Now that the frenzy surrounding Prince Harry and Meghan Markle's royal wedding has officially died down, the public's attention is currently fixated on the next major nuptials within the British royal family—Princess Eugenie's October 12th ceremony. And, as was brought up with Harry, the question remains of whether Eugenie's fiancé, commoner Jack Brooskbank, will sign a prenuptial agreement before the big day.
In Brooksbank's case, it's looking like a no, especially since, historically, the royal fam doesn't really do prenups, according to royal expert Katie Nicholl. "I don’t think members of the royal family sign prenuptial agreements," Nicholl told Town & Country earlier in the year. "It’s commonplace with celebrity marriage, but this is not a celebrity marriage, it’s a royal marriage."
Although three of Queen Elizabeth's four children have divorced their spouses, no prenups had been involved. Similarly, to our knowledge, Prince William and Prince Harry also decided against signing prenuptial agreements before their weddings. Plus, Daily Mail previously reported that prenups aren't even legally enforceable in England at the moment.
Royal assets get a bit messy anyway, since most of the royal family's wealth and property are actually owned by the Queen, according to Prince Harry: The Inside Story author Duncan Larcombe. "You wouldn’t need a prenuptial agreement to stop Windsor Castle from being cut in half in the event they divorce," Larcombe revealed to Town & Country. Essentially, if Princess Eugenie and Brooksbank were to end their marriage, the future bride's family fortune would not be divvied up between the two parties since it technically doesn't belong to her in the first place.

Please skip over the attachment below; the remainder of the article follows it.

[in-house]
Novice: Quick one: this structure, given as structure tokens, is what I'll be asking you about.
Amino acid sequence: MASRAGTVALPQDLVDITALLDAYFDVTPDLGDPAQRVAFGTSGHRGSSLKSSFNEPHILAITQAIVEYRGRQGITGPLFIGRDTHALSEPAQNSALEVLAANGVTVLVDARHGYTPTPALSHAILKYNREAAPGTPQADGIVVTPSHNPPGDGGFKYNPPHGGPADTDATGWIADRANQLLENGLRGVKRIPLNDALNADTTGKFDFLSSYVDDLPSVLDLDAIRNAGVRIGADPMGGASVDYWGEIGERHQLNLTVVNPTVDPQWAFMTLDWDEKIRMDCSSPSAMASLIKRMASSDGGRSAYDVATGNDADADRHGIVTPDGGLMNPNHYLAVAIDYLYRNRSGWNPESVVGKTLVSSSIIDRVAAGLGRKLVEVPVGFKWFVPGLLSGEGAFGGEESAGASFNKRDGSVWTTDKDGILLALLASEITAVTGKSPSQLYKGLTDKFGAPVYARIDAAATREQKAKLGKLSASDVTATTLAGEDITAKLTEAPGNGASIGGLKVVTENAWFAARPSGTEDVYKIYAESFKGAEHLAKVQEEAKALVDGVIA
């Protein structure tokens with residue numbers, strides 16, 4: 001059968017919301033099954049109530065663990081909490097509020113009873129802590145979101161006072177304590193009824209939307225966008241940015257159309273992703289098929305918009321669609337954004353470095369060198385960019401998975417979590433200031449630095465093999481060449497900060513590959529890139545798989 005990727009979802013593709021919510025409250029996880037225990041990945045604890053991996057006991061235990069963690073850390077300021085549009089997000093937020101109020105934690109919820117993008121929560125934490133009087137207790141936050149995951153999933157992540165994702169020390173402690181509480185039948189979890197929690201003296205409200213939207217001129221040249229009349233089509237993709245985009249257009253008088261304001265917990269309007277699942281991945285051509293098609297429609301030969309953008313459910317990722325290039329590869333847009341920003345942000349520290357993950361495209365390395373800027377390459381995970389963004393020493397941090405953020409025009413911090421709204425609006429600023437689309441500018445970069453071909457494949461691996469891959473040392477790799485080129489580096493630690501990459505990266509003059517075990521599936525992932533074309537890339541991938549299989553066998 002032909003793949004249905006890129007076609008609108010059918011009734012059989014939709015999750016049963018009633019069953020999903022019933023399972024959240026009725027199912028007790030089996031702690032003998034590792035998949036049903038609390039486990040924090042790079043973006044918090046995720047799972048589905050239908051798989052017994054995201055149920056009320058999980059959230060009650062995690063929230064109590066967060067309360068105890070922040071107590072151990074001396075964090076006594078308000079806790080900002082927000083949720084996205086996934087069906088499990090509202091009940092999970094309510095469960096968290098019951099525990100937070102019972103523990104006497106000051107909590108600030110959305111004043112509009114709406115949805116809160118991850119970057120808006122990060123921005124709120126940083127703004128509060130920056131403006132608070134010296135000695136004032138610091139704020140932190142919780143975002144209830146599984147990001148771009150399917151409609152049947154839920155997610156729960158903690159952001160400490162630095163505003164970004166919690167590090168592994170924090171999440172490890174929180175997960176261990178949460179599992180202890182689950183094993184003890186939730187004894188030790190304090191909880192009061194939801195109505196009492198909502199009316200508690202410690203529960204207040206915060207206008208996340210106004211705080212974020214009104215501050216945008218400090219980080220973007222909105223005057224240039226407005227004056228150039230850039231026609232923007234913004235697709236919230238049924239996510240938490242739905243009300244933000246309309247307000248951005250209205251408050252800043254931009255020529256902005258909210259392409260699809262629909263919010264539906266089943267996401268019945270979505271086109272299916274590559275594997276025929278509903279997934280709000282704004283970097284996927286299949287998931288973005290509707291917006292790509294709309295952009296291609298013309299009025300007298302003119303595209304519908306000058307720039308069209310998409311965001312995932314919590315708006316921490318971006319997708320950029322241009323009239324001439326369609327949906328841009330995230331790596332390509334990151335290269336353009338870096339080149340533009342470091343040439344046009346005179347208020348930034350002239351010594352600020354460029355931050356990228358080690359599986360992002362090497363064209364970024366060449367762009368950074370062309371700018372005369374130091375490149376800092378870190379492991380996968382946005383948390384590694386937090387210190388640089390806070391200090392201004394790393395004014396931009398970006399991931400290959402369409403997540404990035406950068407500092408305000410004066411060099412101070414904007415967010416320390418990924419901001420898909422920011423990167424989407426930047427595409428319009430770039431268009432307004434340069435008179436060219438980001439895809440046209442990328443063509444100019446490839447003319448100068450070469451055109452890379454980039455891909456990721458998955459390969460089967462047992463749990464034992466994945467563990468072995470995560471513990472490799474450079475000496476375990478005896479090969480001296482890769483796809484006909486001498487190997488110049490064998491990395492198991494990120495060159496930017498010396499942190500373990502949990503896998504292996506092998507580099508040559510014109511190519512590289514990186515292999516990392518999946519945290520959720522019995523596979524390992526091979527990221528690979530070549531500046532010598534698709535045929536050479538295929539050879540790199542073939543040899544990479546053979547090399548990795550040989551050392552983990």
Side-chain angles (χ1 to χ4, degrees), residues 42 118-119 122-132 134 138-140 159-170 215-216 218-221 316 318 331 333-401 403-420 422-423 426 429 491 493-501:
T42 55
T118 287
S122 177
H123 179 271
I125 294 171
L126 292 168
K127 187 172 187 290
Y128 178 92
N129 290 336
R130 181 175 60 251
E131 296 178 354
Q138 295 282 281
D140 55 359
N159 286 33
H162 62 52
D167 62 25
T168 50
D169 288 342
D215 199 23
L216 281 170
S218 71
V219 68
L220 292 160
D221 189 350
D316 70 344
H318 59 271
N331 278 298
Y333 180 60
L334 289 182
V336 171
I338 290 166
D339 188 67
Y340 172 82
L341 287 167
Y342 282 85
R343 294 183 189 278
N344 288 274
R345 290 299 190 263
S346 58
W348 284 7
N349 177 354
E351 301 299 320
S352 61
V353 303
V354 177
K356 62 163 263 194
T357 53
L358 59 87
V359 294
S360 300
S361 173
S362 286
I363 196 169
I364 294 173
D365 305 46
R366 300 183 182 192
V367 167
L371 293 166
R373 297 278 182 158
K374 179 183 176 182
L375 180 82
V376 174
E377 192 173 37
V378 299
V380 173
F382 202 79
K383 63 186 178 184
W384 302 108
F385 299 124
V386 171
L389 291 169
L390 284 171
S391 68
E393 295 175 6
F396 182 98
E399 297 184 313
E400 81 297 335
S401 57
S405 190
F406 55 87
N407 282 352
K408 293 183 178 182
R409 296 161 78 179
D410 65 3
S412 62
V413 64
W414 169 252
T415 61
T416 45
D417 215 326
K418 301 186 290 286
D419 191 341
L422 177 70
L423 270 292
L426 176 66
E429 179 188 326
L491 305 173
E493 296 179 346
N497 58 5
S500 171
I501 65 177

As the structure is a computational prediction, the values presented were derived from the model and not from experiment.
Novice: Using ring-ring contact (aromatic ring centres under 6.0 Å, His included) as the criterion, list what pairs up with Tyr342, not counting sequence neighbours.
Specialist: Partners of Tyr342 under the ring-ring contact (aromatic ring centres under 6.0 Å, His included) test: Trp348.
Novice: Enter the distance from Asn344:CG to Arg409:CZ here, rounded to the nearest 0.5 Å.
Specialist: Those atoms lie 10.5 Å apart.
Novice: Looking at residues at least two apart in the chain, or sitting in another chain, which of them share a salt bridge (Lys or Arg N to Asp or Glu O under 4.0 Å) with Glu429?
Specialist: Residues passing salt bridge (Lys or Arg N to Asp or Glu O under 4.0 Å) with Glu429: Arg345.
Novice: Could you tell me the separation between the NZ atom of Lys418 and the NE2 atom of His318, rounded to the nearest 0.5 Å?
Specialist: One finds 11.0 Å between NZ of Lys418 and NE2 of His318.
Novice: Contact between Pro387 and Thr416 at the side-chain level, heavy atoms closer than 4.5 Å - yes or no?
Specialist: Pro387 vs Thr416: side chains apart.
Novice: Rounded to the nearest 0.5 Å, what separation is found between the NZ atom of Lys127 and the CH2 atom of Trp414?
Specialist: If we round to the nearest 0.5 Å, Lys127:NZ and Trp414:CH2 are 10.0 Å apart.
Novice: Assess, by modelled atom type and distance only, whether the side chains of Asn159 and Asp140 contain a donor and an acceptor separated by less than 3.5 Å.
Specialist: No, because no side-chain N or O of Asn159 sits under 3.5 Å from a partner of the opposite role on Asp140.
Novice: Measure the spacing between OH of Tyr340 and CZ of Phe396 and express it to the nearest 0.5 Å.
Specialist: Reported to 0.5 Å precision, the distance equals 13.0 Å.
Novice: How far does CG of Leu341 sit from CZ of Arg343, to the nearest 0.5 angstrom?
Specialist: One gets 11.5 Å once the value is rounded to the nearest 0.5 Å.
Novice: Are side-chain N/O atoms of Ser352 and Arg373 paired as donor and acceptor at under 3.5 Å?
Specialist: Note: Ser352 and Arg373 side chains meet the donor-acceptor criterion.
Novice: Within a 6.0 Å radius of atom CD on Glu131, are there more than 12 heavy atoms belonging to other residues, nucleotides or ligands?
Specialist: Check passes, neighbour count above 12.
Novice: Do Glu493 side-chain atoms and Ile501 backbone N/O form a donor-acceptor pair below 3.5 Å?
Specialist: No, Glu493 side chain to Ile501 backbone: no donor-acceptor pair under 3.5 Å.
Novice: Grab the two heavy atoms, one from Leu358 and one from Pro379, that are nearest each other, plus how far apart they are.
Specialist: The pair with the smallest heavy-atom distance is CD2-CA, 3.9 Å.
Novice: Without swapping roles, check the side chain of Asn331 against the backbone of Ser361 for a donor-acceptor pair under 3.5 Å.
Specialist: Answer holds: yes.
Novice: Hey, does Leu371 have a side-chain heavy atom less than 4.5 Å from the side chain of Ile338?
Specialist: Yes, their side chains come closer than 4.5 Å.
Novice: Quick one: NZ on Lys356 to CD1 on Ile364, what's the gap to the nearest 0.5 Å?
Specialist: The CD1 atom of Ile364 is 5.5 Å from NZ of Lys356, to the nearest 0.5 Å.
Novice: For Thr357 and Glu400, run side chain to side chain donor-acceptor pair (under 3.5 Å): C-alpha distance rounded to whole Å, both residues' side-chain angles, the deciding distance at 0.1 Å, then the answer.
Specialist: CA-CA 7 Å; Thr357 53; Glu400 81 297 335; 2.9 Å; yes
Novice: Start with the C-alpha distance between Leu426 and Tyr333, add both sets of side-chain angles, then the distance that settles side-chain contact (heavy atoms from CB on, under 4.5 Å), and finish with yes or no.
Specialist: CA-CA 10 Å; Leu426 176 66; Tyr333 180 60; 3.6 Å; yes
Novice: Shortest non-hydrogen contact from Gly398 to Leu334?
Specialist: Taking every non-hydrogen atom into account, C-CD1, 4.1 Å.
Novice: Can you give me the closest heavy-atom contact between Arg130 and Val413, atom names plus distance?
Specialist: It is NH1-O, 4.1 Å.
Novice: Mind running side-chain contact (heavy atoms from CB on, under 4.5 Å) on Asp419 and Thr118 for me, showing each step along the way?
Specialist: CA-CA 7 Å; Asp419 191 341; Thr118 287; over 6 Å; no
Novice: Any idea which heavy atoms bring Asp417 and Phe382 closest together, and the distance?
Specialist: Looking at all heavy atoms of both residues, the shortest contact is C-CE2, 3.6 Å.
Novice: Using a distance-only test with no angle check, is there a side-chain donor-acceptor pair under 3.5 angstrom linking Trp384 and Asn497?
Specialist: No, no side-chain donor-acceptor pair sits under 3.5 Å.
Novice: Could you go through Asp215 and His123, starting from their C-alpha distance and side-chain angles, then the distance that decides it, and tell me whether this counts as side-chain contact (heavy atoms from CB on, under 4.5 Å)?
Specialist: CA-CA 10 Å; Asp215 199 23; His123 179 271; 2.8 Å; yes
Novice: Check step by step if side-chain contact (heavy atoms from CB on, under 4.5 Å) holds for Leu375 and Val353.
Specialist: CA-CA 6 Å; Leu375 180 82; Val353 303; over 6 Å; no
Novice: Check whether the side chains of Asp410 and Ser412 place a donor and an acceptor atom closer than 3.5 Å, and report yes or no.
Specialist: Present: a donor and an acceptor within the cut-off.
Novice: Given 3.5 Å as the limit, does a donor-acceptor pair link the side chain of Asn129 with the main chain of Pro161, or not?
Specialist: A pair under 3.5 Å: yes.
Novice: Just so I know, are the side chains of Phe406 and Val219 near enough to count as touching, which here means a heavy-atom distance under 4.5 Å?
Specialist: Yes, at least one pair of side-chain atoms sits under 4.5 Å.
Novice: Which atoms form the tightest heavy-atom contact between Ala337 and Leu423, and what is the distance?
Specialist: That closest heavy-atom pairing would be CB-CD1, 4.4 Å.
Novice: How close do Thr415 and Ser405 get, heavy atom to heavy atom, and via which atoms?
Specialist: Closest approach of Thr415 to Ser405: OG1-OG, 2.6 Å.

But, that doesn't mean the soon-to-be royal bride hasn't accumulated her own personal assets—the 28-year-old is worth an estimated $4.8 million, and The Times believes a large chunk of this comes from a trust fund established by the Queen Mother (Eugenie's great-grandmother).
Speaking of large sums, Eugenie's wedding was originally estimated to cost upwards of $955,000, but increased security measures are further spiking the grand total. Security alone is currently predicted to rack up a $25.4 million bill...at the taxpayer's expense, mind you. We're interested to see exactly where the couple will allocate their steep wedding funds for the big day.